Pronunciation...the hardest aspect of Chinese?
I was wondering what other Chinesepod users felt was the hardest aspect of learning Chinese, is it Grammer, Characters, Particles, Pronunciation?
Also I was wondering if any Chinesepod users have any tips for accent reduction?
I wanted to relate a story of my own experience and some thoughts about the issue of pronunciation that I thought could be of some help to other Poddies, and would also welcome stories about other's experiences learning the Chinese language.
Also I was wondering if anyone else thinks written pronunciation guides are useful, or do you think sticking with pure, listening and repeating is the way to go?
So without further ado...
(Don't worry, the story is mainly in English! LOL!!!)
To get Chinese pronunciation really authentic it's not that easy, but just remember, if you really want your pronunciation to be perfect, then it's a combination of careful study of the pronunciation guides (I think the ones here on Chinesepod are really good) and careful listening.
If you really listen and repeat and compare your pronunciation with the native speakers, then you'll know what you're doing wrong and the pronunciation guides give you the tools to fix it quickly.
I'll give you an example from my own experience, the three sounds, "ji, qi, xi" I always had trouble with. From the beginning I knew there was something wrong with them but didn't have any idea how to fix it. Most pronunciation guides (as well as my private tutor) only concentrated on the sounds, "Zhi, Chi, Shi and Ri", since if we pronounce our "Ji, Qi & Xi" with an American accent, then no misunderstanding will arise, and besides I was always told my pronunciation was really good and that I had a special gift for pronunciation. Not just by my teacher but by all the Chinese People I came accross with...so you'll see sometimes scrutiny and fair, constructive criticism can help you immesurable more than emply compliments!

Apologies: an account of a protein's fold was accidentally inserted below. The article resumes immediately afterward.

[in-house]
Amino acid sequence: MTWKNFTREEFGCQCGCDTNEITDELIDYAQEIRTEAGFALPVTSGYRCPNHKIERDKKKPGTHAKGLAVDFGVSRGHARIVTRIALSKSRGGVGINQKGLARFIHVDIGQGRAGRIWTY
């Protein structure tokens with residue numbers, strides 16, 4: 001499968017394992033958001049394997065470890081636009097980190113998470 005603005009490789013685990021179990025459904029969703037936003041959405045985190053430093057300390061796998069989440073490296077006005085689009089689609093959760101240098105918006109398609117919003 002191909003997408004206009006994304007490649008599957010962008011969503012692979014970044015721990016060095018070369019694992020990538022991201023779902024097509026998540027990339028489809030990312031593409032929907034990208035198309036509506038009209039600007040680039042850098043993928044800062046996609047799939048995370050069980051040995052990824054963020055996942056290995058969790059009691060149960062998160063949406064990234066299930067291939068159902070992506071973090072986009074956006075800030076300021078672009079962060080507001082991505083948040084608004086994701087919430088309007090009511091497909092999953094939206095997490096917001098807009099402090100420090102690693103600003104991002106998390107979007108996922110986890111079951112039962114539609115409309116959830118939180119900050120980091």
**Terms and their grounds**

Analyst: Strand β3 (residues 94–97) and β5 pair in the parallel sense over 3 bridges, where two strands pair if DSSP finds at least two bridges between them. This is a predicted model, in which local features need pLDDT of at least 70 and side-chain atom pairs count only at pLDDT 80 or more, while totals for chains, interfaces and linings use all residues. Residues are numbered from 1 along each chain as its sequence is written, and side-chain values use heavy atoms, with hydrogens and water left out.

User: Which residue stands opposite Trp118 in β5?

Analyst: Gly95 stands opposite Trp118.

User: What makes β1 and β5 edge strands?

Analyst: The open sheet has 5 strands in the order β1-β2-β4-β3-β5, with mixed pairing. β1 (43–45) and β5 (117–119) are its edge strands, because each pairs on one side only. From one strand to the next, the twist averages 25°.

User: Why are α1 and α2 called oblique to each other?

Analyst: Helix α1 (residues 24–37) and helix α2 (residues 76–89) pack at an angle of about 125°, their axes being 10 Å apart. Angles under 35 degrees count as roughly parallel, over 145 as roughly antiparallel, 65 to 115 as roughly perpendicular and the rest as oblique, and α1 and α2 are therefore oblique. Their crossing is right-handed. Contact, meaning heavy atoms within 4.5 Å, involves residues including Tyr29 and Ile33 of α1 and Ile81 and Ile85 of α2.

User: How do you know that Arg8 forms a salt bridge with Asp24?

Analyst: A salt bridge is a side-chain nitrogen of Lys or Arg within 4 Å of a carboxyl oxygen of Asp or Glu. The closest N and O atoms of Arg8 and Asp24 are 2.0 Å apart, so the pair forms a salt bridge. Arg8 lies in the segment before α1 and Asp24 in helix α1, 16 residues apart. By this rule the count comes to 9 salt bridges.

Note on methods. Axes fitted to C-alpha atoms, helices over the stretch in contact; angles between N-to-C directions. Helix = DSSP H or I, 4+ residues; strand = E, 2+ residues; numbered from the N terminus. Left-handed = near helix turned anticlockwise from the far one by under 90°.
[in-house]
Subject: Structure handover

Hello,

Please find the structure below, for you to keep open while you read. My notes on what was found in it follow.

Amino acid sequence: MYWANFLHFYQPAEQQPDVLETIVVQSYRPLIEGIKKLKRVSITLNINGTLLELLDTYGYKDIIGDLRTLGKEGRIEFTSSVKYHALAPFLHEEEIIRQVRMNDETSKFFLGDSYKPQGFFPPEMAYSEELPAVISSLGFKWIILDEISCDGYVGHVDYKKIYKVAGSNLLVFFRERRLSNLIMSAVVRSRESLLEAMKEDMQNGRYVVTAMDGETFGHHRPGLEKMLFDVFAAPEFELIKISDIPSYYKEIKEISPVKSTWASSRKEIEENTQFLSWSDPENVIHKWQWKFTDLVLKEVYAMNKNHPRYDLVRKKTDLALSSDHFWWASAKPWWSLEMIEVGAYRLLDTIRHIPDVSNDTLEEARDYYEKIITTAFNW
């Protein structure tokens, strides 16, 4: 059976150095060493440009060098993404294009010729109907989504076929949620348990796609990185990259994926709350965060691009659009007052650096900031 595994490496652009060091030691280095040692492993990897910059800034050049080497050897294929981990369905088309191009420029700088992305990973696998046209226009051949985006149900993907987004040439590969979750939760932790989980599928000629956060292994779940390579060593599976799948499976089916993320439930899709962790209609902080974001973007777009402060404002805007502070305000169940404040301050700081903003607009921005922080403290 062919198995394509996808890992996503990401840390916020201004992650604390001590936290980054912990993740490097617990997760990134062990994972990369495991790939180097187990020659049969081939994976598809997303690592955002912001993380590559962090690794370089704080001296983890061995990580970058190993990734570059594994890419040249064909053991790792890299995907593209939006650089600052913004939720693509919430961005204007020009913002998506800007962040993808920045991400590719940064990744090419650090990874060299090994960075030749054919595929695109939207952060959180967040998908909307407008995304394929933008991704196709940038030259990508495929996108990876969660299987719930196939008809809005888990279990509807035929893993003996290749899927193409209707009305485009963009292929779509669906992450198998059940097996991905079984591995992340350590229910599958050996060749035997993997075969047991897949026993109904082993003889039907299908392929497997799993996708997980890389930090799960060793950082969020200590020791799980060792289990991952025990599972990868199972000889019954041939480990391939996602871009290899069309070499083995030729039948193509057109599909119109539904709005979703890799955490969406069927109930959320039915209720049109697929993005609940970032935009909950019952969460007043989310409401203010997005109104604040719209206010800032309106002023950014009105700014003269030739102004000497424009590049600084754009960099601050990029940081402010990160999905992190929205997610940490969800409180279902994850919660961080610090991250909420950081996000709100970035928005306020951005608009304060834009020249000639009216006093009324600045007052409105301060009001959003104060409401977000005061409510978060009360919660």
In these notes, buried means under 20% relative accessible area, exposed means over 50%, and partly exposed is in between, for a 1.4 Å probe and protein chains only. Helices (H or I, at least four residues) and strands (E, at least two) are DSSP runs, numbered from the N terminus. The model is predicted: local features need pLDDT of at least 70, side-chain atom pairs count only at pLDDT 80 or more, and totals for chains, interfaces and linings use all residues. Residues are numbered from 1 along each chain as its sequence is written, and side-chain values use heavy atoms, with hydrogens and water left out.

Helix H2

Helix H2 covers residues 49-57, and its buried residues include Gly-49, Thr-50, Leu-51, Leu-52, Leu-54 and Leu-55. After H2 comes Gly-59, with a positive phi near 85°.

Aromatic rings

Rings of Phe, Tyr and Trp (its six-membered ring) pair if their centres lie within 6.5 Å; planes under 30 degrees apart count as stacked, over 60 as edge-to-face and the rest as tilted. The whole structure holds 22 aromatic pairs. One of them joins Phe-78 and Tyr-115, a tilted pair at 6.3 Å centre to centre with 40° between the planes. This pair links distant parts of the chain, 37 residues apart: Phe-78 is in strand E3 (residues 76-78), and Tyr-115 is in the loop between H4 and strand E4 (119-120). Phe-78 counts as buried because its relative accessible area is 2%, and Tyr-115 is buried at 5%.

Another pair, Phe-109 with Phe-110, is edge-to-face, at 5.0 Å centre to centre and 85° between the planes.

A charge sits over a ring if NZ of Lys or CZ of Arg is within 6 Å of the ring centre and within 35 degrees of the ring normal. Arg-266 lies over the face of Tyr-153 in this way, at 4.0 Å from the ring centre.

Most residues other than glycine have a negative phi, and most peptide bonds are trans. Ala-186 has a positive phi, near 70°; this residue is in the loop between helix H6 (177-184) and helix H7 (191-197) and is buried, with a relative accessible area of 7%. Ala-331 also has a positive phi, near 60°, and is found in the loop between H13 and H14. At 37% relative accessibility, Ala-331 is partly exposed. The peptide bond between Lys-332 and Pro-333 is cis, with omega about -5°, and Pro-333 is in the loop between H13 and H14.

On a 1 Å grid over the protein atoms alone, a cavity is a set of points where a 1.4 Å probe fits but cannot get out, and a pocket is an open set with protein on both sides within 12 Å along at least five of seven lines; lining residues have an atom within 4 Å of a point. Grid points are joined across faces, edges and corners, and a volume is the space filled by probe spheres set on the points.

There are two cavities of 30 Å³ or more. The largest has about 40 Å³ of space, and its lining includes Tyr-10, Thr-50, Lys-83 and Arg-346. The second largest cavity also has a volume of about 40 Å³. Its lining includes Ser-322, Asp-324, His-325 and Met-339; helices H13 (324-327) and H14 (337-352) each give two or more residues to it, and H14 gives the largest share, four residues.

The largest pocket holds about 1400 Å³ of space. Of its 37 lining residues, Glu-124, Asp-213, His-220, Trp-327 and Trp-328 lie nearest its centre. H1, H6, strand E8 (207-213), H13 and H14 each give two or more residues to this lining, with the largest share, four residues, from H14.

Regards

I would listen to native Chinese speakers and the speakers on my Pimsleur CD's, and would hear things like, "在一起" (zai yi qi) and when I would make the "Qi" sound, it just never quite sounded right.
I'd say some of the most basic words, like “谢谢" and "小姐" (xie xie and xiao jie) and absolutely cringe at the sound of my own voice because I KNEW EMPHATICALLY there was something I was doing wrong...but I couldn't figure it out! Even my $50 dollar an hour private tutor said there was nothing wrong with the way my "Ji, Qi, Xi" sounded! But that's only because when I would say the sounds all alone I couldn't really clearly hear what I was doing wrong.
When you say the words in a sentence, then you can plainly hear the American accent come accross. But I'll get into that more in a minute.
Then just about a year ago I went on John Pasden's (Chinesepod's John Pasden) website sinosplice.com and discovered his pronunciation guide for correcting the common mispronunciation of "Ji, Qi and Xi" and I knew I'd found the answer I was looking for! Keep in mind this is after FOUR YEARS of study of this language...and I STILL couldn't get a handle on what I was doing wrong by listening alone!
As it turns out, these sounds are completely foriegn to English speakers but they are much harder to correct than the Ü with the 2 dots (umlaut) because you can't SEE what you need to do to pronounce it correctly! As in the case of the Ü with the Umlaut, you can see the lips rounded in a tight hole and the dimples forming in the cheek so saying words like 绿茶，and 身略 (LÜ Cha and Sheng LÜe) are pretty easy to figure out because it's VISUAL, but with the "Ji, Qi, Xi" it's INTERNAL! It's a sound produced from completely inside the mouth.